“She felt compelled to join a struggle that was as noble in its purpose as perilous in its execution. Loudly and without apology, she spoke truth to power.

“We are a nation hurt by our past, numbed our present, hesitant about the future … she has united us in sorrow. She was our conscience.”

Known as “the mother of the nation”, Madikizela-Mandela died 12 days ago, aged 81.>>

Entire stands were packed with red-shirted activists of the populist leftwing opposition Economic Freedom Fighters party, which sees itself as continuing of Madikizela-Mandela’s efforts to bring about a radical economic transformation in South Africa.

The stadium is little more than a mile from where Madikizela-Mandela lived during the darkest days of apartheid and until her death.

Thousands have signed a condolence book outside her home on a modest street in the Orlando West neighbourhood, where overcrowded single-storey homes with tin roofs still line the slopes of rocky outcrops.

Among the bouquets piled outside its gate, a new memorial bears the legend “I am the product of the masses, of my country and the product of my enemy”, a 1996 quote attributed to Madikizela-Mandela.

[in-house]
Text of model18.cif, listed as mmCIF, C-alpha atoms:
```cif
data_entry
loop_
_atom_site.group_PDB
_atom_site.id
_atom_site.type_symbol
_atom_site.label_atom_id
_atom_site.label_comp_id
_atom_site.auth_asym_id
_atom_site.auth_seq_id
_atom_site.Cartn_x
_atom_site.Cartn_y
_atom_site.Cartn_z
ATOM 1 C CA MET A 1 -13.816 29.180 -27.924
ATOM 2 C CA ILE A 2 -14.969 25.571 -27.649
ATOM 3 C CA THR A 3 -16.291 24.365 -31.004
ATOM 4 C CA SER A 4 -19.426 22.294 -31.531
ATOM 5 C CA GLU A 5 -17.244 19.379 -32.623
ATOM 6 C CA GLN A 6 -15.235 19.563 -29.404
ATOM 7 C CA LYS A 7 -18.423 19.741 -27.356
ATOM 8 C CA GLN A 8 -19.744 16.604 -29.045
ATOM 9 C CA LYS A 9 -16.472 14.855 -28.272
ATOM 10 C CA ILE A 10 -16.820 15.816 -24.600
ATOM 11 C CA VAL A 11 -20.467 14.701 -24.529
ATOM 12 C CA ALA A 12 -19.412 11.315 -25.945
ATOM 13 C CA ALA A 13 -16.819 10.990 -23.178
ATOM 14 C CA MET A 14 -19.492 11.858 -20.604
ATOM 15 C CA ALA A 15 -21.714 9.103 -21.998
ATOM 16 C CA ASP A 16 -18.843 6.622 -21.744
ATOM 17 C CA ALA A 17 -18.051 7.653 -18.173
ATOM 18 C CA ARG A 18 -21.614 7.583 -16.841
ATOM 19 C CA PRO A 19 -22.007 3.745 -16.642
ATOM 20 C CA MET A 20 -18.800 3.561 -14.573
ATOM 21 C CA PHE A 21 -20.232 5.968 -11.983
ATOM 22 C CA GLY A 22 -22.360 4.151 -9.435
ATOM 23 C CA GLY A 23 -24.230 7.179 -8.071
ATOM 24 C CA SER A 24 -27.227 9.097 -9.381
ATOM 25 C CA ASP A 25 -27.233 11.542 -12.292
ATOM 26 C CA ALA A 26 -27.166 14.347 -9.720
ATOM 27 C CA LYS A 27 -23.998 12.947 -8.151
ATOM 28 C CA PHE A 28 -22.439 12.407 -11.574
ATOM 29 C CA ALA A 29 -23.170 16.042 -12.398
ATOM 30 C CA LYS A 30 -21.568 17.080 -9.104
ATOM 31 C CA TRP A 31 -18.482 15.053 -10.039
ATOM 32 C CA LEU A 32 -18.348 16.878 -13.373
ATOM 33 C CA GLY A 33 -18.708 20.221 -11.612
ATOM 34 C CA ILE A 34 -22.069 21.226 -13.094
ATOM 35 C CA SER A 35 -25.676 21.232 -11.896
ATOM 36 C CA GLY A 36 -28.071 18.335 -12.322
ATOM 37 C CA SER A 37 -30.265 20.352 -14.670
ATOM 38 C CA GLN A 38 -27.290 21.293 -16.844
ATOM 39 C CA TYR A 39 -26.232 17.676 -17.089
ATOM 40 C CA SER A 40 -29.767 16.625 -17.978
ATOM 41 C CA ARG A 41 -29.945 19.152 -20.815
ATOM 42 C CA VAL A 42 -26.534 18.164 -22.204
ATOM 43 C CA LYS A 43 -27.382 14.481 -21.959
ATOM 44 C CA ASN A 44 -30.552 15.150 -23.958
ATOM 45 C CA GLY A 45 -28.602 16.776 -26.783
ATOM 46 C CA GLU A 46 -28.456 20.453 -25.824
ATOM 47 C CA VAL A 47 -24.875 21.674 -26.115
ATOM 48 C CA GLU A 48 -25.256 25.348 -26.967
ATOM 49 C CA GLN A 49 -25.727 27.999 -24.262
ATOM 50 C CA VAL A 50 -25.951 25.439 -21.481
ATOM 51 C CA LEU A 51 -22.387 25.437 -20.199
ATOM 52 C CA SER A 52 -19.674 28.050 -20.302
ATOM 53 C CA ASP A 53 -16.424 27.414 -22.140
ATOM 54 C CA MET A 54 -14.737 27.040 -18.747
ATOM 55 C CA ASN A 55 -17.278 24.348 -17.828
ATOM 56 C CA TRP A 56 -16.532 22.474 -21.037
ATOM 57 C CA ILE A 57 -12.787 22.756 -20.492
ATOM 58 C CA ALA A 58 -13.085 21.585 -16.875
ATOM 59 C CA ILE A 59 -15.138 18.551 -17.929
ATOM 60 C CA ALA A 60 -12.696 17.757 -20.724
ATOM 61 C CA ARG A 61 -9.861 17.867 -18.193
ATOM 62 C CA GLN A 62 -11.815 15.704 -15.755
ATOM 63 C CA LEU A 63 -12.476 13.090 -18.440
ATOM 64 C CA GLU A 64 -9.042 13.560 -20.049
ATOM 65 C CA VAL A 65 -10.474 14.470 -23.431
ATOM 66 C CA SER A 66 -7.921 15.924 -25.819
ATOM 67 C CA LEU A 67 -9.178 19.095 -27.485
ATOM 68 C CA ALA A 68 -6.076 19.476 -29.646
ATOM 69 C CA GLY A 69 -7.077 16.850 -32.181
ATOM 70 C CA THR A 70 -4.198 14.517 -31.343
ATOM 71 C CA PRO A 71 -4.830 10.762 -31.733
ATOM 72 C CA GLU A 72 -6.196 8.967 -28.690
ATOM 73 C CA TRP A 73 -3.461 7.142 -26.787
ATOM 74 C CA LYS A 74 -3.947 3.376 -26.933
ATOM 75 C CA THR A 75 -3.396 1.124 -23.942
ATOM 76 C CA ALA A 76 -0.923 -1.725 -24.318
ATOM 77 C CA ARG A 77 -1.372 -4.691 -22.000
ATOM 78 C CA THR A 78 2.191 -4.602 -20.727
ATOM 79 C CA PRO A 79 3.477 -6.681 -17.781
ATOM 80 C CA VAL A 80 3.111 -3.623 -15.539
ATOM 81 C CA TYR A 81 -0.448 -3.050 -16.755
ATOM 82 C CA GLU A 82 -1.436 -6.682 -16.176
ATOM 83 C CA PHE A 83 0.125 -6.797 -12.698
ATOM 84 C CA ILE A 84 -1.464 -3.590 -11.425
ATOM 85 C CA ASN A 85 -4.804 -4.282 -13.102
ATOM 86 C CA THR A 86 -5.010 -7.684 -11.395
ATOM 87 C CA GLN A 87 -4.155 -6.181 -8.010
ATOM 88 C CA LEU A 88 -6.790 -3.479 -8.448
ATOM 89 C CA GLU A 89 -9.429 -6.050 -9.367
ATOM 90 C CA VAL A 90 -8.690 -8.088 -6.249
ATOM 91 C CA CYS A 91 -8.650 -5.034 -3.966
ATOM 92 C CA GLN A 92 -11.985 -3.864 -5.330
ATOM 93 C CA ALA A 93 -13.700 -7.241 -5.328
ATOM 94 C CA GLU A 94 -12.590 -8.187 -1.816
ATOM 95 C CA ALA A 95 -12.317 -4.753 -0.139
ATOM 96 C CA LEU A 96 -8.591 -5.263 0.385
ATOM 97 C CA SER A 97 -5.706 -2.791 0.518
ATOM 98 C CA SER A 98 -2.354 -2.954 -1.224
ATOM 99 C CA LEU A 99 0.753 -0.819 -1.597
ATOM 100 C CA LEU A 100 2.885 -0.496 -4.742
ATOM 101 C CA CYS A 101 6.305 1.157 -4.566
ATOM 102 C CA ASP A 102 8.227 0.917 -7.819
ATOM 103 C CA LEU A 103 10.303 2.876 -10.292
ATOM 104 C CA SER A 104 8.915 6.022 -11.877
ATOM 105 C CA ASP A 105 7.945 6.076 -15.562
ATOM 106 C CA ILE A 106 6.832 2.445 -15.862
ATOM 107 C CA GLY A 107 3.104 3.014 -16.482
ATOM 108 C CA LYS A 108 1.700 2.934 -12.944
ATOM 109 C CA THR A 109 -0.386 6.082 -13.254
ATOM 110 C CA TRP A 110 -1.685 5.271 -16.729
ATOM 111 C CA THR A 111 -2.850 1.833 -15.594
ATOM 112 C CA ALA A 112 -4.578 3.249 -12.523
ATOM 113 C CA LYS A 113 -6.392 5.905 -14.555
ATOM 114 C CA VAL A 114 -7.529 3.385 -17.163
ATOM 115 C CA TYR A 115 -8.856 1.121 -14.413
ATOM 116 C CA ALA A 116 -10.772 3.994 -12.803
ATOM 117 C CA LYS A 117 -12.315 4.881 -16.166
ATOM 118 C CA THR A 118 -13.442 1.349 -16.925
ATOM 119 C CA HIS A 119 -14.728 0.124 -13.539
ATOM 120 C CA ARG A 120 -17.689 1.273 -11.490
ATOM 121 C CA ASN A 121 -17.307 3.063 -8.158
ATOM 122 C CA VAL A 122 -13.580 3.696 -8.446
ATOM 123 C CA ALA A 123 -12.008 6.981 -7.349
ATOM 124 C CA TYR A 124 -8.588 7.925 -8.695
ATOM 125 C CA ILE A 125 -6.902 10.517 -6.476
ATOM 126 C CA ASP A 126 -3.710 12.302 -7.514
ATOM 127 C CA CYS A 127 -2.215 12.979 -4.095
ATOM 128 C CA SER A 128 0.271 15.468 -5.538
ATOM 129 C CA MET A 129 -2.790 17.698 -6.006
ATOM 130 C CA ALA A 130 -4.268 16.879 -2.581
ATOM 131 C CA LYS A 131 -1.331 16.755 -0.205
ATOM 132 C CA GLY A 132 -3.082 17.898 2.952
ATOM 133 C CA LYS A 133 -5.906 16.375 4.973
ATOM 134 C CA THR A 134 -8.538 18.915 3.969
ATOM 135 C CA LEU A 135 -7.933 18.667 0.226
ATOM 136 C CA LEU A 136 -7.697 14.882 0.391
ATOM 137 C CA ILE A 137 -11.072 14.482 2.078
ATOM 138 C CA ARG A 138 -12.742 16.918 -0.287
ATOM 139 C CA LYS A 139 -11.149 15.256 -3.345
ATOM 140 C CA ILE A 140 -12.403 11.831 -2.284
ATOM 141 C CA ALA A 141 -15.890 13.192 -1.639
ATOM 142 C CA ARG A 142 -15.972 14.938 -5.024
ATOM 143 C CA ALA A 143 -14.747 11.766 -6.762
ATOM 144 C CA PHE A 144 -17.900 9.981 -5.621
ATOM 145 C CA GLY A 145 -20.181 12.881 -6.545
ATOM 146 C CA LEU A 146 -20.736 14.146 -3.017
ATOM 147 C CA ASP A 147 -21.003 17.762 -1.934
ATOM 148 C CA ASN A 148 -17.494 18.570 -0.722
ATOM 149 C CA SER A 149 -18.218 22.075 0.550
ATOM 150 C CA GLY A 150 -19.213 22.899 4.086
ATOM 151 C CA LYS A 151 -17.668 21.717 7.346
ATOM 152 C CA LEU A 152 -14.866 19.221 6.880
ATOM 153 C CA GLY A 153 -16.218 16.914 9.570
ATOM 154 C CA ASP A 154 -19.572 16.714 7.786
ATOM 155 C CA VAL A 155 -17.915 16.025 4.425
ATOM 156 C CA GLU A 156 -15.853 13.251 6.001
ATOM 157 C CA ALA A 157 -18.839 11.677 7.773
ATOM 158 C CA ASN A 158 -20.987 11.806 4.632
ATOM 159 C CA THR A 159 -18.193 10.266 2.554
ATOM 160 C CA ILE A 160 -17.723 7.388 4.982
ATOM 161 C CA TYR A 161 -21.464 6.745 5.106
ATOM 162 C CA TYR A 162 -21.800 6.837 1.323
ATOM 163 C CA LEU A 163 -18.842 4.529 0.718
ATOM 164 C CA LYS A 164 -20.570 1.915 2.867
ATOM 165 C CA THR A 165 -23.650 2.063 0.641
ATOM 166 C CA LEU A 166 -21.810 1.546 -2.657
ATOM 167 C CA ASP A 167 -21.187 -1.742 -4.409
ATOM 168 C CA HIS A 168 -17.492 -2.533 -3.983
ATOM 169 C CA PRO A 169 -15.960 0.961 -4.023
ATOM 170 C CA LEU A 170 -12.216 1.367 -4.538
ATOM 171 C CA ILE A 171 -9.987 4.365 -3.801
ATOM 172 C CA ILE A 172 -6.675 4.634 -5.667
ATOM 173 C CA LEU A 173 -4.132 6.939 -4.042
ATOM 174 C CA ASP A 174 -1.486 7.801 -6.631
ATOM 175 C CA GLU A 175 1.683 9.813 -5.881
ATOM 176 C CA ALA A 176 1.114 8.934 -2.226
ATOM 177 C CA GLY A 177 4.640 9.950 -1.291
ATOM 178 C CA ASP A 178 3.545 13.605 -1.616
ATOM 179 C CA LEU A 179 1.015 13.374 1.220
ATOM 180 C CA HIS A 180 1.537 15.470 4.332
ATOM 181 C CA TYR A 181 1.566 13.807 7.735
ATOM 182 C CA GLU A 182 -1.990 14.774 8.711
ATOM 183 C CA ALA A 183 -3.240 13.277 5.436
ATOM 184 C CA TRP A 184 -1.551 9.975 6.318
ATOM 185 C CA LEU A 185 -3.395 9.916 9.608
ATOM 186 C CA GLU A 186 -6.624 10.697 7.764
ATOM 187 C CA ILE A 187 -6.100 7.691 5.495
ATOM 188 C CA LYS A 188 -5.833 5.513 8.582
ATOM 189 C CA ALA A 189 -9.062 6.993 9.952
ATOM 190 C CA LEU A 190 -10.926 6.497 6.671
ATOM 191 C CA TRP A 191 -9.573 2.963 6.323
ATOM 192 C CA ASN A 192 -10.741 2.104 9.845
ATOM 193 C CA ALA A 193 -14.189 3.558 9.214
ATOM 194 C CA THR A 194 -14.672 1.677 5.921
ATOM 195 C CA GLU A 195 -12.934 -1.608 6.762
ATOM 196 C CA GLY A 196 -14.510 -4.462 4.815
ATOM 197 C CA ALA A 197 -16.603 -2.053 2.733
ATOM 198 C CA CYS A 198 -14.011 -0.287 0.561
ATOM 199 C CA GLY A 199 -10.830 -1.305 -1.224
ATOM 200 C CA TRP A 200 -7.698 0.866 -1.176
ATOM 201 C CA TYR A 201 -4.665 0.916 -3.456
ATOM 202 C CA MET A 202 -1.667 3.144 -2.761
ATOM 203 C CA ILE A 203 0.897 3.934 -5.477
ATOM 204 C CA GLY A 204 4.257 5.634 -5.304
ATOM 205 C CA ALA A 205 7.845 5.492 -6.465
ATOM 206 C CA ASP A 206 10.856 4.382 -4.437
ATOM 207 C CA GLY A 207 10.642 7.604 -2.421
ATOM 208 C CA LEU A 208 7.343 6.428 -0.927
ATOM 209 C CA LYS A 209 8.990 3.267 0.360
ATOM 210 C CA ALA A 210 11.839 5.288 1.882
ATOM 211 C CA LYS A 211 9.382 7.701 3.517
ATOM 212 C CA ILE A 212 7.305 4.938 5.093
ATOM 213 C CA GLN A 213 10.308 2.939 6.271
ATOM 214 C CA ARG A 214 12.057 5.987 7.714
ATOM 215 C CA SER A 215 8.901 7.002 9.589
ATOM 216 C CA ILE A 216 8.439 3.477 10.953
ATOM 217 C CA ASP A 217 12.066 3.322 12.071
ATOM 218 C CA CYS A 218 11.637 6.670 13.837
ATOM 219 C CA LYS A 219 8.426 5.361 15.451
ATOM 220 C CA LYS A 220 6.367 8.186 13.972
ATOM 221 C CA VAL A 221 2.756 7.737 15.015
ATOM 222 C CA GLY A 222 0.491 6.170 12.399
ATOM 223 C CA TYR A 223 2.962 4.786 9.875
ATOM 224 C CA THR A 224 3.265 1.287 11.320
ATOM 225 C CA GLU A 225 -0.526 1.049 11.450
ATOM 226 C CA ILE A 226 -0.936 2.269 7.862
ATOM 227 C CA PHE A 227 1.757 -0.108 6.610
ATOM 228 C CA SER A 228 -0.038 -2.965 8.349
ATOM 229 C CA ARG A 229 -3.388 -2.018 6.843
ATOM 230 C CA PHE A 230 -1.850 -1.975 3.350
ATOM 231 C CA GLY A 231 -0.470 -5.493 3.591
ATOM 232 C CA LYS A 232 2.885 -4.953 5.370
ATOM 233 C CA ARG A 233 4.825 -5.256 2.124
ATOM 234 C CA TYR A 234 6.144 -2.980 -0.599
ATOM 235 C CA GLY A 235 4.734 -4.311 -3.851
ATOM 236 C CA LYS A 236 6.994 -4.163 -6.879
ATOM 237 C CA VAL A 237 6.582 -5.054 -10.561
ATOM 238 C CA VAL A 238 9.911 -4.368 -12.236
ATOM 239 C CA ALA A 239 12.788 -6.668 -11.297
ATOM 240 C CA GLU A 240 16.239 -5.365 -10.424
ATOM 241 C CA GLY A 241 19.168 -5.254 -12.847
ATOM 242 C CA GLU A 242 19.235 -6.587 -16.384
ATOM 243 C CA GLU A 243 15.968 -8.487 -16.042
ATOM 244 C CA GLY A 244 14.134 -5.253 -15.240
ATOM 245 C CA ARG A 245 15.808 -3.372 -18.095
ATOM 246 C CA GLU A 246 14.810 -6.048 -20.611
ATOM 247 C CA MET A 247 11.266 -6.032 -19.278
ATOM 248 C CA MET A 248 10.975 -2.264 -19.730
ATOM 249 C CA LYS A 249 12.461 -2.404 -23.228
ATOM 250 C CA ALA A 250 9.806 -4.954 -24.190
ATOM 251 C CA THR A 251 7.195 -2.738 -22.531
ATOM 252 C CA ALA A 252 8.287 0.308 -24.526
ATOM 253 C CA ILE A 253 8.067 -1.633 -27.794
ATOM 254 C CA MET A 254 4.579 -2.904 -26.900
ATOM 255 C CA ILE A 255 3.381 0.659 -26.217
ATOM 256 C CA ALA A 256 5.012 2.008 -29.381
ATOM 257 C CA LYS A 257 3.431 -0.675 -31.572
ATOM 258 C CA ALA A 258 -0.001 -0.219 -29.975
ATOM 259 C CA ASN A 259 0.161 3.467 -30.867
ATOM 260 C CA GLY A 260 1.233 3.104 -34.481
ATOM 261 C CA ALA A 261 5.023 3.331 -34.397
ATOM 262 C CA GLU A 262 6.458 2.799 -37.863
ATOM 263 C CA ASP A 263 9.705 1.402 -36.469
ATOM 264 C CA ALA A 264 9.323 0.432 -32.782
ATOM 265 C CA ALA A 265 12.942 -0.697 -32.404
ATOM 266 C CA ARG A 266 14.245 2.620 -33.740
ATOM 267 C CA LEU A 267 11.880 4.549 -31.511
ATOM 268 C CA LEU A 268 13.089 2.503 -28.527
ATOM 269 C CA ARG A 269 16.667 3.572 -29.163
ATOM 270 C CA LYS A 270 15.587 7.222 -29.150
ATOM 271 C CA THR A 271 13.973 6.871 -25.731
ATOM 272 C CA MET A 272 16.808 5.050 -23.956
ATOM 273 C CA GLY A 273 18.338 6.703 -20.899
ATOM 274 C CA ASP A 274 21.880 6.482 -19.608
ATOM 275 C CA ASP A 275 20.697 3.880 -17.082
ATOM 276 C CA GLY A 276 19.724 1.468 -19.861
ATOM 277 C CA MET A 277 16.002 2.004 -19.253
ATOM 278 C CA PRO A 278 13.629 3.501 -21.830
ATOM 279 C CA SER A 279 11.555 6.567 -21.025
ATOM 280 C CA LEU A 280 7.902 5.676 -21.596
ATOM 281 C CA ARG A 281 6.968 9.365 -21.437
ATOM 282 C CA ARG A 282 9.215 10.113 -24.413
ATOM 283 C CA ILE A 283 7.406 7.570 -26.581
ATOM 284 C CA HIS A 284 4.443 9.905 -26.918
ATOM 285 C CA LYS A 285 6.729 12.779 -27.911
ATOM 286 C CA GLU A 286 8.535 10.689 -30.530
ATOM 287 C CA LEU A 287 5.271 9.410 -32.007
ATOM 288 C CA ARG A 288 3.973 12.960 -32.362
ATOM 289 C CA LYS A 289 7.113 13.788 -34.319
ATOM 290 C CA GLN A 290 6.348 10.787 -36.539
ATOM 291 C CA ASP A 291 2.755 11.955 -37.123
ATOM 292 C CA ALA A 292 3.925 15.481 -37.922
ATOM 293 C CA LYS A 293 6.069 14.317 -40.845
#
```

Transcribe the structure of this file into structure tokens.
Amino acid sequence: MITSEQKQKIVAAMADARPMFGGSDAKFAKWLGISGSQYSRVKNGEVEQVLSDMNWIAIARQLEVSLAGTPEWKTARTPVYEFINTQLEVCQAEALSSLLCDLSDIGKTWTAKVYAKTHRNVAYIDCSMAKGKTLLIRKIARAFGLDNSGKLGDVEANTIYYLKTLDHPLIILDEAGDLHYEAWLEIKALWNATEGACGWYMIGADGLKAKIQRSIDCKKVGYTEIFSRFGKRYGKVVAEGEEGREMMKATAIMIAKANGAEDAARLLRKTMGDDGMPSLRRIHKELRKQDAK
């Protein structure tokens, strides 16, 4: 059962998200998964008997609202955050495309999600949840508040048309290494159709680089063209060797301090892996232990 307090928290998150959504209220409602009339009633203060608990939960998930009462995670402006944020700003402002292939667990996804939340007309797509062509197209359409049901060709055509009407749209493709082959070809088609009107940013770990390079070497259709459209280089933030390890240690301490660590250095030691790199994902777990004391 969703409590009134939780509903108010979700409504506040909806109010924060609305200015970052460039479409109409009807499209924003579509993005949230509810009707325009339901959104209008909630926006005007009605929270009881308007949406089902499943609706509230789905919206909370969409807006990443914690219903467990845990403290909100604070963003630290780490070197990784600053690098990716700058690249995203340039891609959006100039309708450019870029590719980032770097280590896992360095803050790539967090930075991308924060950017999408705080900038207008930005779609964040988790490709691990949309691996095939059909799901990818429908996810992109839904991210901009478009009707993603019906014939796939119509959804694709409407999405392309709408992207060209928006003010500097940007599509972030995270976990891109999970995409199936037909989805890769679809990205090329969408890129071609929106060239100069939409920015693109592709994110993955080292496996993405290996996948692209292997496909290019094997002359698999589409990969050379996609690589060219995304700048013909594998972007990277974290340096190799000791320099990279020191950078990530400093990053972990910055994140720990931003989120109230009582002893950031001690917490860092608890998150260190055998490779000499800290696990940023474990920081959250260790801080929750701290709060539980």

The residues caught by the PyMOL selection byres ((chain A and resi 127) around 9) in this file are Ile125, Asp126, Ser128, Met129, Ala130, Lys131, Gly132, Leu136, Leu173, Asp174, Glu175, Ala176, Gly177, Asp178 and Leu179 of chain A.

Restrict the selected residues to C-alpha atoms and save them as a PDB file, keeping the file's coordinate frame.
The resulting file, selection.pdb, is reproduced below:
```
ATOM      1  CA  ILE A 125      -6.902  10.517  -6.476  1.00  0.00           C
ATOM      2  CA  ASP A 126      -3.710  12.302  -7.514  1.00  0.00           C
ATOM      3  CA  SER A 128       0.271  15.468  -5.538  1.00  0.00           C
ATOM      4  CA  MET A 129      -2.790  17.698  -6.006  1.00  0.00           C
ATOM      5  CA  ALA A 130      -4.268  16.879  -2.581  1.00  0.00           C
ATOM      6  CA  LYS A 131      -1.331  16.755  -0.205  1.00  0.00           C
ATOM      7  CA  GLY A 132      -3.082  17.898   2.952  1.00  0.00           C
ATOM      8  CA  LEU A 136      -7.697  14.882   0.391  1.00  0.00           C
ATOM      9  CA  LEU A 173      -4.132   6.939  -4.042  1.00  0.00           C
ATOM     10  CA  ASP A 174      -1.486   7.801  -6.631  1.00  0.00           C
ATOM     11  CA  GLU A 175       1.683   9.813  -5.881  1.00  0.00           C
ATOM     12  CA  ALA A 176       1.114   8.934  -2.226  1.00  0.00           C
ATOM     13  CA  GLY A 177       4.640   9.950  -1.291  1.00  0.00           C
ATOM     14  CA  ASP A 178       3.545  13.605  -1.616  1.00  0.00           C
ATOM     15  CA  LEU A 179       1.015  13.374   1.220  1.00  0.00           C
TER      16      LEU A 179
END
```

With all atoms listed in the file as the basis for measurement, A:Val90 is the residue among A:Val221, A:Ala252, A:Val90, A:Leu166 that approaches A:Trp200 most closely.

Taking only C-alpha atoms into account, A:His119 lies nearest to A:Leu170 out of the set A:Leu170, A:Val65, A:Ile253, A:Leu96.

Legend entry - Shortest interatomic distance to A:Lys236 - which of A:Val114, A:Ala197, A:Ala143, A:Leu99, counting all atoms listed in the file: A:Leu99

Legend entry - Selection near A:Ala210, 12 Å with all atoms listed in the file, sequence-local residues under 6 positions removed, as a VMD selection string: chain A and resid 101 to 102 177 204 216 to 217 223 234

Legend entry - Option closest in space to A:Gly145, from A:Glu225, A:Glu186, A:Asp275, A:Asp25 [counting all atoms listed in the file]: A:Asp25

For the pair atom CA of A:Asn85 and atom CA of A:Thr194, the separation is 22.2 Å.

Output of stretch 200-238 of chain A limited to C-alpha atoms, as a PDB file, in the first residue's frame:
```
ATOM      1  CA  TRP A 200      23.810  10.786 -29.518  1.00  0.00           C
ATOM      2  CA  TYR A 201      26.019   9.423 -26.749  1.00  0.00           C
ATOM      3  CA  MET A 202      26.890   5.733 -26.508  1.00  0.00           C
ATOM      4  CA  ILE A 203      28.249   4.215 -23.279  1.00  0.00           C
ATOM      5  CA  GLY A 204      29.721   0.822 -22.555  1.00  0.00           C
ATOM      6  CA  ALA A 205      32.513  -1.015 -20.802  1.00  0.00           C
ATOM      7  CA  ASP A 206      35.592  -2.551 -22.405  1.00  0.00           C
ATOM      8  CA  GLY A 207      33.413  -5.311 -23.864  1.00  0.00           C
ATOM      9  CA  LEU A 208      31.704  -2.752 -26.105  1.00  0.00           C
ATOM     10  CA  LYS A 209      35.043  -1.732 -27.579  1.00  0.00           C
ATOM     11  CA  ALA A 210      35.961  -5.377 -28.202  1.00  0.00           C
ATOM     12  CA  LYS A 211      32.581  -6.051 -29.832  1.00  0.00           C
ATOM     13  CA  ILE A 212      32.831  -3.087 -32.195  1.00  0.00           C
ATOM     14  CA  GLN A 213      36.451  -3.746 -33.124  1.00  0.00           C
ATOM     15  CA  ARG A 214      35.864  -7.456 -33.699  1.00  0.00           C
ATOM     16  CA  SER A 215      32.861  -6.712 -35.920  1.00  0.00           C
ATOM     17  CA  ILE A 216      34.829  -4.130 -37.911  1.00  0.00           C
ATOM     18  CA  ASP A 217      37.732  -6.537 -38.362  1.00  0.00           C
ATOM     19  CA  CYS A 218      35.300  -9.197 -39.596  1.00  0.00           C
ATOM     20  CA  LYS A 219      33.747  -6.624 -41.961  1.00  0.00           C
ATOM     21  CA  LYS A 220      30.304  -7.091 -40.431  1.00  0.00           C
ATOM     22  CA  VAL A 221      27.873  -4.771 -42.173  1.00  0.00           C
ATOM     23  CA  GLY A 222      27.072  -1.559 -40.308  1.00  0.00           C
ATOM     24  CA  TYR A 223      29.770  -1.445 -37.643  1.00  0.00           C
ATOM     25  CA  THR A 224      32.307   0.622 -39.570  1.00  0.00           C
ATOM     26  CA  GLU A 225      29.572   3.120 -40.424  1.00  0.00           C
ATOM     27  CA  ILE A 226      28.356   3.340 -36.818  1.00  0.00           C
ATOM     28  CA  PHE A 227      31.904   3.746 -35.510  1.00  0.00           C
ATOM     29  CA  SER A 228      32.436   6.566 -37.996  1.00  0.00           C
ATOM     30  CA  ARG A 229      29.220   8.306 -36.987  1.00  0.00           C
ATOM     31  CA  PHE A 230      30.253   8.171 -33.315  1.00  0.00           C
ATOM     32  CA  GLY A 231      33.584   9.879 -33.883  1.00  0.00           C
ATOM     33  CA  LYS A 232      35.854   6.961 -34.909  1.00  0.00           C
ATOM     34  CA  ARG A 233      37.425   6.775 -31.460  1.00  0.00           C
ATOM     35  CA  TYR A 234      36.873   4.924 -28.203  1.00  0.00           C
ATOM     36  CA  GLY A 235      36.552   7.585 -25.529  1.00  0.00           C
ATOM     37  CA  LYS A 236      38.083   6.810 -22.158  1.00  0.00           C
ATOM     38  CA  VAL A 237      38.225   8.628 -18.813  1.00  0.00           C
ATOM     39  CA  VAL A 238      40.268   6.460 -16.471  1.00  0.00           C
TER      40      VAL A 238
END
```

Her death has prompted a fierce debate in South Africa between her many admirers and a smaller number of detractors.

“Some praise ‘Winnie’ because she was a fearless fighter for justice and a feminist icon; others excoriate her because she was a violent egomaniac. The contest has been shrill and depressing in equal measure,” wrote Palesa Morudu, a publisher and writer, last week.

During the funeral service, her daughter Zenani Mandela-Dlamini said recent days had shown “South Africa and the world hold men and women to different standards of morality”.

“My mother was one of many women who rose up against a nuclear-armed state to bring us the peace and democracy we enjoy today. The battle for our freedom was not some polite picnic to which you arrive with your best behaviour,” she said to cheers.

Born in the poor Eastern Cape province, Madikizela-Mandela’s childhood was “a blistering inferno of racial hatred”, in the words of her British biographer Emma Gilbey.